Appendix 3

Back to contents

  

  1. Darling Downs 1901—The first by-election, which followed the death of William Henry Groom, was won by his son, Littleton Ernest Groom.
  2. Tasmania 1902—This was caused by the death of Frederick Piesse. This has been the only by-election held at-large, due to the first Tasmanian members being elected from the state as a whole rather than from individual electorates.
  3. East Sydney 1903—The sitting member, Sir George Reid, resigned in protest against the proposals for the redistribution of New South Wales divisions, forcing the by-election. Reid won the resulting by-election.
  4. Wilmot 1904—Former Tasmanian Premier and Constitution-writer, Sir Edward Braddon, remains the oldest person elected to the House of Representatives. He was 71 when first elected and 74 when he died, forcing this by-election.
  5. Melbourne 1904—By-election caused by the voiding of the general election result on the grounds of irregularities by electoral officials.
  6. Riverina 1904—By-election caused by the voiding of the general election result on the grounds of irregularities by electoral officials.
  7. Echuca 1907—By-election caused by the voiding of the general election result on the grounds of irregularities by electoral officials. The Opposition did not contest the seat.
  8. Adelaide 1908—Death of former Premier and Constitution-writer, Charles Cameron Kingston.
  9. Wakefield 1909—Death of former Premier and Constitution-writer, Sir Frederick Holder.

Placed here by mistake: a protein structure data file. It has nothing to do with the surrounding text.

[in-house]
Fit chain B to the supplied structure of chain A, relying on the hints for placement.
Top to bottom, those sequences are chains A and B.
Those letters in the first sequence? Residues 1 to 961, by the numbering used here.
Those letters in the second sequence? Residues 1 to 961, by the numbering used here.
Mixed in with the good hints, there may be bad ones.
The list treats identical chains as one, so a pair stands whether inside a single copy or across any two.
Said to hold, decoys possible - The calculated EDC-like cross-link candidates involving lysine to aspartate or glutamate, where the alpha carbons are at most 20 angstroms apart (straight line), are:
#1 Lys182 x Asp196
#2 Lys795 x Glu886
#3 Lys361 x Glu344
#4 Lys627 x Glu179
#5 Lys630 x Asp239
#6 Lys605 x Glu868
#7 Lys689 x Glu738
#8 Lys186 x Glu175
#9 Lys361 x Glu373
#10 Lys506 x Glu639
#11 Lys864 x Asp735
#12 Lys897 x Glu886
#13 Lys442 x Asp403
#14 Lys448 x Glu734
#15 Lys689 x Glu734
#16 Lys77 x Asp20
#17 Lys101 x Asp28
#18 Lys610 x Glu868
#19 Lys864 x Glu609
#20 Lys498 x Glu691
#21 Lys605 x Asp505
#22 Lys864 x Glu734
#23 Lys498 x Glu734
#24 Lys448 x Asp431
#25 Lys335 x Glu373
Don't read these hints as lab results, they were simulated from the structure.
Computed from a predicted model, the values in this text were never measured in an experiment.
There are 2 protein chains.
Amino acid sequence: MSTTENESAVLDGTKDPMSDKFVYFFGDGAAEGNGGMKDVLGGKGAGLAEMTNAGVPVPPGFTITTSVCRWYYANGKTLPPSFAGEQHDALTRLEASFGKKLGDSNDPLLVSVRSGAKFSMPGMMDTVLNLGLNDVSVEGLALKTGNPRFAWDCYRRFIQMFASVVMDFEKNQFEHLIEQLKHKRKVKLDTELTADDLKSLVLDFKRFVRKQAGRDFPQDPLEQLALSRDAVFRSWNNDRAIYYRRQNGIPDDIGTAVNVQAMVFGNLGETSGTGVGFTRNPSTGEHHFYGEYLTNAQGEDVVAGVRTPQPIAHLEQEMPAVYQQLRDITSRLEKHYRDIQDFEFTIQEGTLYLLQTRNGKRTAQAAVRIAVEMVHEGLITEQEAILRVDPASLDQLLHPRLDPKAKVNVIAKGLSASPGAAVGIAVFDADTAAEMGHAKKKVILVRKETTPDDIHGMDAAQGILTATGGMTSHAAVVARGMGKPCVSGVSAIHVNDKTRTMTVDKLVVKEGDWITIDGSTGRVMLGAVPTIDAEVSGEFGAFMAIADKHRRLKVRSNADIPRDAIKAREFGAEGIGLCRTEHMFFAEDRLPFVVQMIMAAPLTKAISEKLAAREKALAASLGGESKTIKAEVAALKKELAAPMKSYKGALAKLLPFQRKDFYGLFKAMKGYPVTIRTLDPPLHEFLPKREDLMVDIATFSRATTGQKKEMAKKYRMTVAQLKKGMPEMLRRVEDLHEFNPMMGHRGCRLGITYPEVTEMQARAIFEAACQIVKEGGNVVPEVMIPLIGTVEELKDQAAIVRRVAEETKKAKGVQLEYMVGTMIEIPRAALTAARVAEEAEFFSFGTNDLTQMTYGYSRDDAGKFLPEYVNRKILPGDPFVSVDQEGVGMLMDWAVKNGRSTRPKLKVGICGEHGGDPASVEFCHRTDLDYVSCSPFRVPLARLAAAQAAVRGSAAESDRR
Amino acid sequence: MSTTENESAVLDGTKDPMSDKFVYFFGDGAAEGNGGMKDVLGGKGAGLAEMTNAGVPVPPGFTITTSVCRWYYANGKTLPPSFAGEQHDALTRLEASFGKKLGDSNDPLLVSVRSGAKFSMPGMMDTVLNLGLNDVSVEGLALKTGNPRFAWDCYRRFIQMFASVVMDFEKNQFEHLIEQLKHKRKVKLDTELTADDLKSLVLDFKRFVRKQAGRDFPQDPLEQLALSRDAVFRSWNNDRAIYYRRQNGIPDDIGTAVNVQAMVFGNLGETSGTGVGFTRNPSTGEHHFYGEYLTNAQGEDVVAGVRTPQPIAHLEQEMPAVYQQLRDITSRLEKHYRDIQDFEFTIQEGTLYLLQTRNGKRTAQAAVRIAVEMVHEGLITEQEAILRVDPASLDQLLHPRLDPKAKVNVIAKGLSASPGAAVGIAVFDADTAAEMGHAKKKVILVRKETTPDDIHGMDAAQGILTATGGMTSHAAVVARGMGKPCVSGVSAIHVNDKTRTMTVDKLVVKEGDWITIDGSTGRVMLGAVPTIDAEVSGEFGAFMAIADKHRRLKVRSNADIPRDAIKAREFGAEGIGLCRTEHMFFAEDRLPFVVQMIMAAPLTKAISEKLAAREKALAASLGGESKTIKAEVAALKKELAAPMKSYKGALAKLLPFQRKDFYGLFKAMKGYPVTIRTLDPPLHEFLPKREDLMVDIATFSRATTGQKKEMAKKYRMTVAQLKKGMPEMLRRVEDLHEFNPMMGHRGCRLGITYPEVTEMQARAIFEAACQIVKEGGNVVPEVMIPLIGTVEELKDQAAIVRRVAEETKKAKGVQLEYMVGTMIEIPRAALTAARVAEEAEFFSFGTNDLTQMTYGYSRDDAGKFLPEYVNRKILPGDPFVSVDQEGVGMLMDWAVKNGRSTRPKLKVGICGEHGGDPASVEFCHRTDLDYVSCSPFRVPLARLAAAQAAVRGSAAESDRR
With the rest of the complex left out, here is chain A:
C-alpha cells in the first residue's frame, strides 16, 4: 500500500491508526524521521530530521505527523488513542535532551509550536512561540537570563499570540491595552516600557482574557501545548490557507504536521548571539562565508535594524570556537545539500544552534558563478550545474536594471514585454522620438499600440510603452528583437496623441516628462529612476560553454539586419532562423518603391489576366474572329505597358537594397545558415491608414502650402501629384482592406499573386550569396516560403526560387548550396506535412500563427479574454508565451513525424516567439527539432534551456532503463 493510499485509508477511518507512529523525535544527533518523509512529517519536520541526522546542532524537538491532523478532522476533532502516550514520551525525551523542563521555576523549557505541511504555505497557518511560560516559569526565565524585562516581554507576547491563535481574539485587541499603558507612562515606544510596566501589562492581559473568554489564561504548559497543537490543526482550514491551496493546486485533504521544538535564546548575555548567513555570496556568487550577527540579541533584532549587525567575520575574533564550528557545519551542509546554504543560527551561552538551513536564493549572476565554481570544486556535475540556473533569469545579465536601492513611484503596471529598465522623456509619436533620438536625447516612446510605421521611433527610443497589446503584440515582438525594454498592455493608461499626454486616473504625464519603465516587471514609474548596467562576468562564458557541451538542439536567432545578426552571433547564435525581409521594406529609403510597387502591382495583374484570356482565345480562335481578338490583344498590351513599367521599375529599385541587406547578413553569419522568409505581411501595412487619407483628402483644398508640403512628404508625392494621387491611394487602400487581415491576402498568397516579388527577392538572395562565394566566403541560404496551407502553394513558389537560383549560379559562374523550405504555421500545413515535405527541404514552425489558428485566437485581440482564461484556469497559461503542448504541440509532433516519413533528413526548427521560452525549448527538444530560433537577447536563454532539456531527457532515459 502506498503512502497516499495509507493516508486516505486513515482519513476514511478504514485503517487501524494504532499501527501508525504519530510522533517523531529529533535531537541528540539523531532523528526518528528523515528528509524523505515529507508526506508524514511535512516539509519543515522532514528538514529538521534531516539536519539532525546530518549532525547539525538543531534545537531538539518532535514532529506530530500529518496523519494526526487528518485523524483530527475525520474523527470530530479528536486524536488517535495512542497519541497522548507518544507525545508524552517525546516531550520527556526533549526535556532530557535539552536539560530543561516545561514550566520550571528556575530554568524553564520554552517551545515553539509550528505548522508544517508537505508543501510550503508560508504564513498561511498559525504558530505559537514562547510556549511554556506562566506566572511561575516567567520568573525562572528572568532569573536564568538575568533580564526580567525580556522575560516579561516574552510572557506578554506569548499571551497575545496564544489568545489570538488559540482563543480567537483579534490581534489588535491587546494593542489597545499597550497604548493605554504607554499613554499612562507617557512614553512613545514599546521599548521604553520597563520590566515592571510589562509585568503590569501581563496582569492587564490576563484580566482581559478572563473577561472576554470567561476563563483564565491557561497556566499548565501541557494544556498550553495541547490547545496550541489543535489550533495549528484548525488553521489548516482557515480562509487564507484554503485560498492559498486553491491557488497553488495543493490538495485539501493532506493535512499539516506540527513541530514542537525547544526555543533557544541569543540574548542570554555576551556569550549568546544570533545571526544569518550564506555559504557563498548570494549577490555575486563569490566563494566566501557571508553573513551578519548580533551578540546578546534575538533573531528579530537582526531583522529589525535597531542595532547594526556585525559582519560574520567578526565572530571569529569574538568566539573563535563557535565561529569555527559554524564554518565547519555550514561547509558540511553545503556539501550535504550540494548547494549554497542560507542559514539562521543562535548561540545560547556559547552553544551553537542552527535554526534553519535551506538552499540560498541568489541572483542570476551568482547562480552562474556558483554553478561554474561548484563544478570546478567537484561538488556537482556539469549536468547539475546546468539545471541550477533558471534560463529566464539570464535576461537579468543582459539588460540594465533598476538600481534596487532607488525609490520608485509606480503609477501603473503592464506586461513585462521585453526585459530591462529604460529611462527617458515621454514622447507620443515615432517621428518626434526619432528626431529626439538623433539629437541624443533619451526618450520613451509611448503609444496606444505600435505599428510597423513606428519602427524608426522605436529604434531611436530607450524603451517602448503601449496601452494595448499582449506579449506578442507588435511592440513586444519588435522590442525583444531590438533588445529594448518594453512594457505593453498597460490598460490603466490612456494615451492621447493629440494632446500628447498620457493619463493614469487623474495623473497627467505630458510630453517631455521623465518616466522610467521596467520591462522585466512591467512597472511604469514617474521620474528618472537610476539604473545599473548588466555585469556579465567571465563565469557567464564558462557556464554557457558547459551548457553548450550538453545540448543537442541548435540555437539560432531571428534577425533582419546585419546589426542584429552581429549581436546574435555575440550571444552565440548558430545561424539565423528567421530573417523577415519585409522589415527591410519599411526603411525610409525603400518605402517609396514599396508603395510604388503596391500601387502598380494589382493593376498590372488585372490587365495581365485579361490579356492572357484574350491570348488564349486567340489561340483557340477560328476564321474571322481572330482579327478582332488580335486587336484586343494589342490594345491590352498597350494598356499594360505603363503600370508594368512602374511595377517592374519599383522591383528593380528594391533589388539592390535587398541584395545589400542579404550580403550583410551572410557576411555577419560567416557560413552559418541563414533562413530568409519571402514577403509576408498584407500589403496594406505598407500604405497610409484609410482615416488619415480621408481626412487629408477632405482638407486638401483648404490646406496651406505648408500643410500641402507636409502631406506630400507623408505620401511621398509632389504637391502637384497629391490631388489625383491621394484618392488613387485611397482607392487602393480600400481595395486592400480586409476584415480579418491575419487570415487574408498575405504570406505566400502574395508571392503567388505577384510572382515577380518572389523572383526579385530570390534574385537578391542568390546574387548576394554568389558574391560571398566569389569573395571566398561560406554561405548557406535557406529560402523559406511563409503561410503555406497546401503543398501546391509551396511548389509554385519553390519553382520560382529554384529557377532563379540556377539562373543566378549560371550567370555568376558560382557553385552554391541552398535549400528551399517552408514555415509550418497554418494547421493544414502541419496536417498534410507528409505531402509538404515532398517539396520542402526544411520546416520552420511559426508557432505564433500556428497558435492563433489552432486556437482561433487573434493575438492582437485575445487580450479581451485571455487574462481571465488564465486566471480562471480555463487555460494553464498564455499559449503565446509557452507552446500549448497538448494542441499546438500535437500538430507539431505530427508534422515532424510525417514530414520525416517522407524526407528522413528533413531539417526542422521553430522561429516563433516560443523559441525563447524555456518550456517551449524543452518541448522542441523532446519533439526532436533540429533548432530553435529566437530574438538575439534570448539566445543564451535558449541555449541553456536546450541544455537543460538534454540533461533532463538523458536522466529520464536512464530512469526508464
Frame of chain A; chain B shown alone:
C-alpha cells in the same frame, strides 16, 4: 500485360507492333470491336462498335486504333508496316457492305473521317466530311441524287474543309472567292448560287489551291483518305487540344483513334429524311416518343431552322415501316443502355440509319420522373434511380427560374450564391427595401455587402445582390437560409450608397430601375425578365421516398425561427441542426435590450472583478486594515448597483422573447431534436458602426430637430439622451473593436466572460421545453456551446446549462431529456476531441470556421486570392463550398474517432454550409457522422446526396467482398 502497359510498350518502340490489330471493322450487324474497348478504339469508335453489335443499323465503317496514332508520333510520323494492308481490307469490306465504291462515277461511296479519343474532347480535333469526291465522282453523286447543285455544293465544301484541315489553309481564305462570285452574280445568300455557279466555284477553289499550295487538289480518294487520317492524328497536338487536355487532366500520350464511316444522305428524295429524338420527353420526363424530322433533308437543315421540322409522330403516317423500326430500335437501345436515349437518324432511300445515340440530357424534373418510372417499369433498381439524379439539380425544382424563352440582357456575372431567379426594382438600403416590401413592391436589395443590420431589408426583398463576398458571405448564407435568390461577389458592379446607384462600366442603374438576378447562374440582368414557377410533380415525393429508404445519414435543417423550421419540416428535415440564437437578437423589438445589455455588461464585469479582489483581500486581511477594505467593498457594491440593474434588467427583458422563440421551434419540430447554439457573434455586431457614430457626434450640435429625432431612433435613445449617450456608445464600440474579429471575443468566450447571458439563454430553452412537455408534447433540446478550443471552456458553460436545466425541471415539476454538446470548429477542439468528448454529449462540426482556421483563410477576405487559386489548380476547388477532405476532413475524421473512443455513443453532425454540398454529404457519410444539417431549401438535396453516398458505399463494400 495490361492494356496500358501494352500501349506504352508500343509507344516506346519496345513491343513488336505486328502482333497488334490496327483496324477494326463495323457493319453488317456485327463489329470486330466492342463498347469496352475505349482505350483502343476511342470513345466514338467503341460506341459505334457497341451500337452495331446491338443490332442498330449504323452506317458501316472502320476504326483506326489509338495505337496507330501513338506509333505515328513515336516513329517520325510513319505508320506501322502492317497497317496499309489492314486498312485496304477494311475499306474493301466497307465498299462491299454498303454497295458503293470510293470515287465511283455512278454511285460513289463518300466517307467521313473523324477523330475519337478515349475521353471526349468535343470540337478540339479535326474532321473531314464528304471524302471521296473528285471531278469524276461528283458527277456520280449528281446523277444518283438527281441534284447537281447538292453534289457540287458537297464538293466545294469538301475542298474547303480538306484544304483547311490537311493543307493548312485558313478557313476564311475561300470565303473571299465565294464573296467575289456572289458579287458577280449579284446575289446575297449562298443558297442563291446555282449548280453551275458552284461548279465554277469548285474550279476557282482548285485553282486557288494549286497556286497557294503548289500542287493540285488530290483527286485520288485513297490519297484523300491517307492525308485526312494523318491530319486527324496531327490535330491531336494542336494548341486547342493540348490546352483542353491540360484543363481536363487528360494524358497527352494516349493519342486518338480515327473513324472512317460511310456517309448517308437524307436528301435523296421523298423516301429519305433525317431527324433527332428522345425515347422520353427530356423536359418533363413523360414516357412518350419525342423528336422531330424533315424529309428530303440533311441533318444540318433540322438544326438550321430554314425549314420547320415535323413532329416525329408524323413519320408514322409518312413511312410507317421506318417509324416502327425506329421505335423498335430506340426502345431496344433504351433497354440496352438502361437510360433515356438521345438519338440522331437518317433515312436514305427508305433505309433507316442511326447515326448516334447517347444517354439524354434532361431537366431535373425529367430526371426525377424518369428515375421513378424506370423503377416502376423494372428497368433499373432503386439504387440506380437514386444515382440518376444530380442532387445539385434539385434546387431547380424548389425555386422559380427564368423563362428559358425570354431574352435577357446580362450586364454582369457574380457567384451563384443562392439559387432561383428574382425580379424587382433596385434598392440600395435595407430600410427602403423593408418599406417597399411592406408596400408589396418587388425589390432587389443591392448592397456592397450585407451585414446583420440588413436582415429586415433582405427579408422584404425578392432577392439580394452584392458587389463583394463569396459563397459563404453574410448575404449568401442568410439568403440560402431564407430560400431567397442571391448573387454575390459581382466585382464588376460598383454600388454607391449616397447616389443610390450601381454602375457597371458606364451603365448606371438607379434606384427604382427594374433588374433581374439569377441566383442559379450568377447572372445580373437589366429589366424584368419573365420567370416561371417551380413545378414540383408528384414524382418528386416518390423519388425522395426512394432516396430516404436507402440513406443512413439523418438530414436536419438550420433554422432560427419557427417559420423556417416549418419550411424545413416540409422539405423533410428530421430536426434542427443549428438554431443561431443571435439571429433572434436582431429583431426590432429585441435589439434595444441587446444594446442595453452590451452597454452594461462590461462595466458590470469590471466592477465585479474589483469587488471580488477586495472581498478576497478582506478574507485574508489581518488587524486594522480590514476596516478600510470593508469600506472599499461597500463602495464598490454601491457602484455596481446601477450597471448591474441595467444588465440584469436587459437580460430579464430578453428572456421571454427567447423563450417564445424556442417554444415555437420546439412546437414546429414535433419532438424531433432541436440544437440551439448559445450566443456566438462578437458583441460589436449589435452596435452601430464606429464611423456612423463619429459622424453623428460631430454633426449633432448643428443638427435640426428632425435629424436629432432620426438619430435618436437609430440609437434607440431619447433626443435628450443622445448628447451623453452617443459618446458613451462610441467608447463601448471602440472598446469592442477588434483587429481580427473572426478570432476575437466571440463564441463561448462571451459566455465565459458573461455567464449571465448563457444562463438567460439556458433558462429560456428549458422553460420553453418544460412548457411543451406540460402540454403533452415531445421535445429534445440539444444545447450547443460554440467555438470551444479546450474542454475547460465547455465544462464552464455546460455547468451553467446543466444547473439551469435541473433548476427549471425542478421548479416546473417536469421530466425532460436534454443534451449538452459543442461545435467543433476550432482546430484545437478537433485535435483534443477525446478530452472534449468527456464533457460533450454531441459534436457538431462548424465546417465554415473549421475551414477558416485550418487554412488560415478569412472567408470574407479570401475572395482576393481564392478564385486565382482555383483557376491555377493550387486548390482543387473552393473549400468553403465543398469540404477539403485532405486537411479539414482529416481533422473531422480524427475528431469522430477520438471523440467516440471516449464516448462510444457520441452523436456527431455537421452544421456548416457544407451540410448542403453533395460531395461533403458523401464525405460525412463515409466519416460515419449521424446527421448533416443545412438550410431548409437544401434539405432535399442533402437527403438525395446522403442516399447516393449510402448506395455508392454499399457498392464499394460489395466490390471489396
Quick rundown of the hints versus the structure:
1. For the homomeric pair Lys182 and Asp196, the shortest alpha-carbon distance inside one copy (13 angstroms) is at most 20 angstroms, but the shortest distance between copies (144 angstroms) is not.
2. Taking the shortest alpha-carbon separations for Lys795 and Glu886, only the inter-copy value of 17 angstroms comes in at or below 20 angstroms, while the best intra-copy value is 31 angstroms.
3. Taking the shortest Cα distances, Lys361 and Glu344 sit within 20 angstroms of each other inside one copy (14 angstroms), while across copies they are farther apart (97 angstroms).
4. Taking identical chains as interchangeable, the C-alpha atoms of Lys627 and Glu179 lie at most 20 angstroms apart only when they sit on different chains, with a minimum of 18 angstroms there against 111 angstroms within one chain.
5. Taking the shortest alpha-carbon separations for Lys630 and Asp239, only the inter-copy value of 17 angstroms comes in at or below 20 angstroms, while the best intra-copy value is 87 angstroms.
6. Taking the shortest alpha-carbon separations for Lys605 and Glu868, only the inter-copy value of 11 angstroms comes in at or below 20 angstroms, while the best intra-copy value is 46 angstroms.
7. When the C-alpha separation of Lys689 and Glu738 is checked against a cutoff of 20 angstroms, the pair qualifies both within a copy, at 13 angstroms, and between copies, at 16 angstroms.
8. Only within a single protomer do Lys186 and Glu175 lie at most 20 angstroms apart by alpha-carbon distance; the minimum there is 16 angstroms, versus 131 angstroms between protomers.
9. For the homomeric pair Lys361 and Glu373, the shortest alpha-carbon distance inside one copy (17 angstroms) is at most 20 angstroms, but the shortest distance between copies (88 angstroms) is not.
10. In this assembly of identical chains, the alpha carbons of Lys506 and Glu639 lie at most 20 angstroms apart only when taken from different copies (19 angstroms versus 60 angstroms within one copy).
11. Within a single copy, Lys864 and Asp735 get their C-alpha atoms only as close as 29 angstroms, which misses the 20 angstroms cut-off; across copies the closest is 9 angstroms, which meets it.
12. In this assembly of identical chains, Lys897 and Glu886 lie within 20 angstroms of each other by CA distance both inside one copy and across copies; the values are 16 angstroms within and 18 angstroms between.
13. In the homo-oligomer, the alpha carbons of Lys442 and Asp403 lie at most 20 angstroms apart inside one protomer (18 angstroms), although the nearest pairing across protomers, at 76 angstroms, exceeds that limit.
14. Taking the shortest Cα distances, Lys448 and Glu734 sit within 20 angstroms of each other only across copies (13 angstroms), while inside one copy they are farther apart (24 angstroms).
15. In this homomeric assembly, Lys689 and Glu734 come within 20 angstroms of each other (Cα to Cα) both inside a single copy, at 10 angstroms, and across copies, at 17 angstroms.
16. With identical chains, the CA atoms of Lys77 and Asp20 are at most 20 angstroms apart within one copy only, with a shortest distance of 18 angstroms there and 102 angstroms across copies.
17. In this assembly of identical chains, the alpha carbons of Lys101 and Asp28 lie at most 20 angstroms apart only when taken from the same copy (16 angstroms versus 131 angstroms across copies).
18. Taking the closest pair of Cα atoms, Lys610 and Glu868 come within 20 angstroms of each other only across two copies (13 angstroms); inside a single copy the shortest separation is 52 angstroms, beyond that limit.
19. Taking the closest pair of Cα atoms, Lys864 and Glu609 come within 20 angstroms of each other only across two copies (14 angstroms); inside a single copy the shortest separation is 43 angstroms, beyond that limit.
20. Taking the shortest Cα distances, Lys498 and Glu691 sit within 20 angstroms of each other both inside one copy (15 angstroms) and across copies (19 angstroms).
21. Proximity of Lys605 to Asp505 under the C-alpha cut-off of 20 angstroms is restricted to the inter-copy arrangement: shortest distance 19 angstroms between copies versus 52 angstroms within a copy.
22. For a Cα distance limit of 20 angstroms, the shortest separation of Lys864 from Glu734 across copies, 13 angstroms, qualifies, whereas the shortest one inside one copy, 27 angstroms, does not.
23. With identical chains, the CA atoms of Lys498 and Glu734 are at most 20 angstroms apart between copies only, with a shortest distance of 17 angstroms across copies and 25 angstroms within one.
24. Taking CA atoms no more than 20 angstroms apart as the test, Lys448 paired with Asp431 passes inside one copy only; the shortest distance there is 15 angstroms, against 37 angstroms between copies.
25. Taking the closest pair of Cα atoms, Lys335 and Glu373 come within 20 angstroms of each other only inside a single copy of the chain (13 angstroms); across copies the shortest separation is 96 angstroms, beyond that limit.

10. Kooyong 1910—The winner of this by-election, Sir Robert Best, had been a Senator during the first decade until his defeat in 1910.
  11. Batman 1911—Well-known lawyer, Frank Brennan, won this seat for the Labor Party.
  12. North Sydney 1911—Major-General Sir Granville Ryrie, who had seen military service in South Africa, at Gallipoli and in Egypt, won this seat for the Liberal Party.
  13. Boothby 1911—The Fisher Labor Government lost this seat to the Liberal Party, but regained it at the 1913 general election.
  14. Werriwa 1912—David Robert Hall resigned to take up an appointment to the New South Wales Legislative Council.
  15. Kalgoorlie 1913—The first by-election for which there was just a single nomination.
  16. Adelaide 1914—The winner of this by-election, George Yates, soon left Australia to serve in the World War, though he retained his seat while he did so.
  17. Bendigo 1915—This by-election was caused by the death of the Minister for External Affairs, John Arthur.
  18. Grampians 1915—Sir Charles Salmon, second Speaker of the House of Representatives (1909-10) returned to the Parliament at this by-election.
  19. Dalley 1915—The death of Robert Howe, first secretary of the Labor Federation of Australia caused this by-election. Not contested by the Opposition, and only one candidate nominated.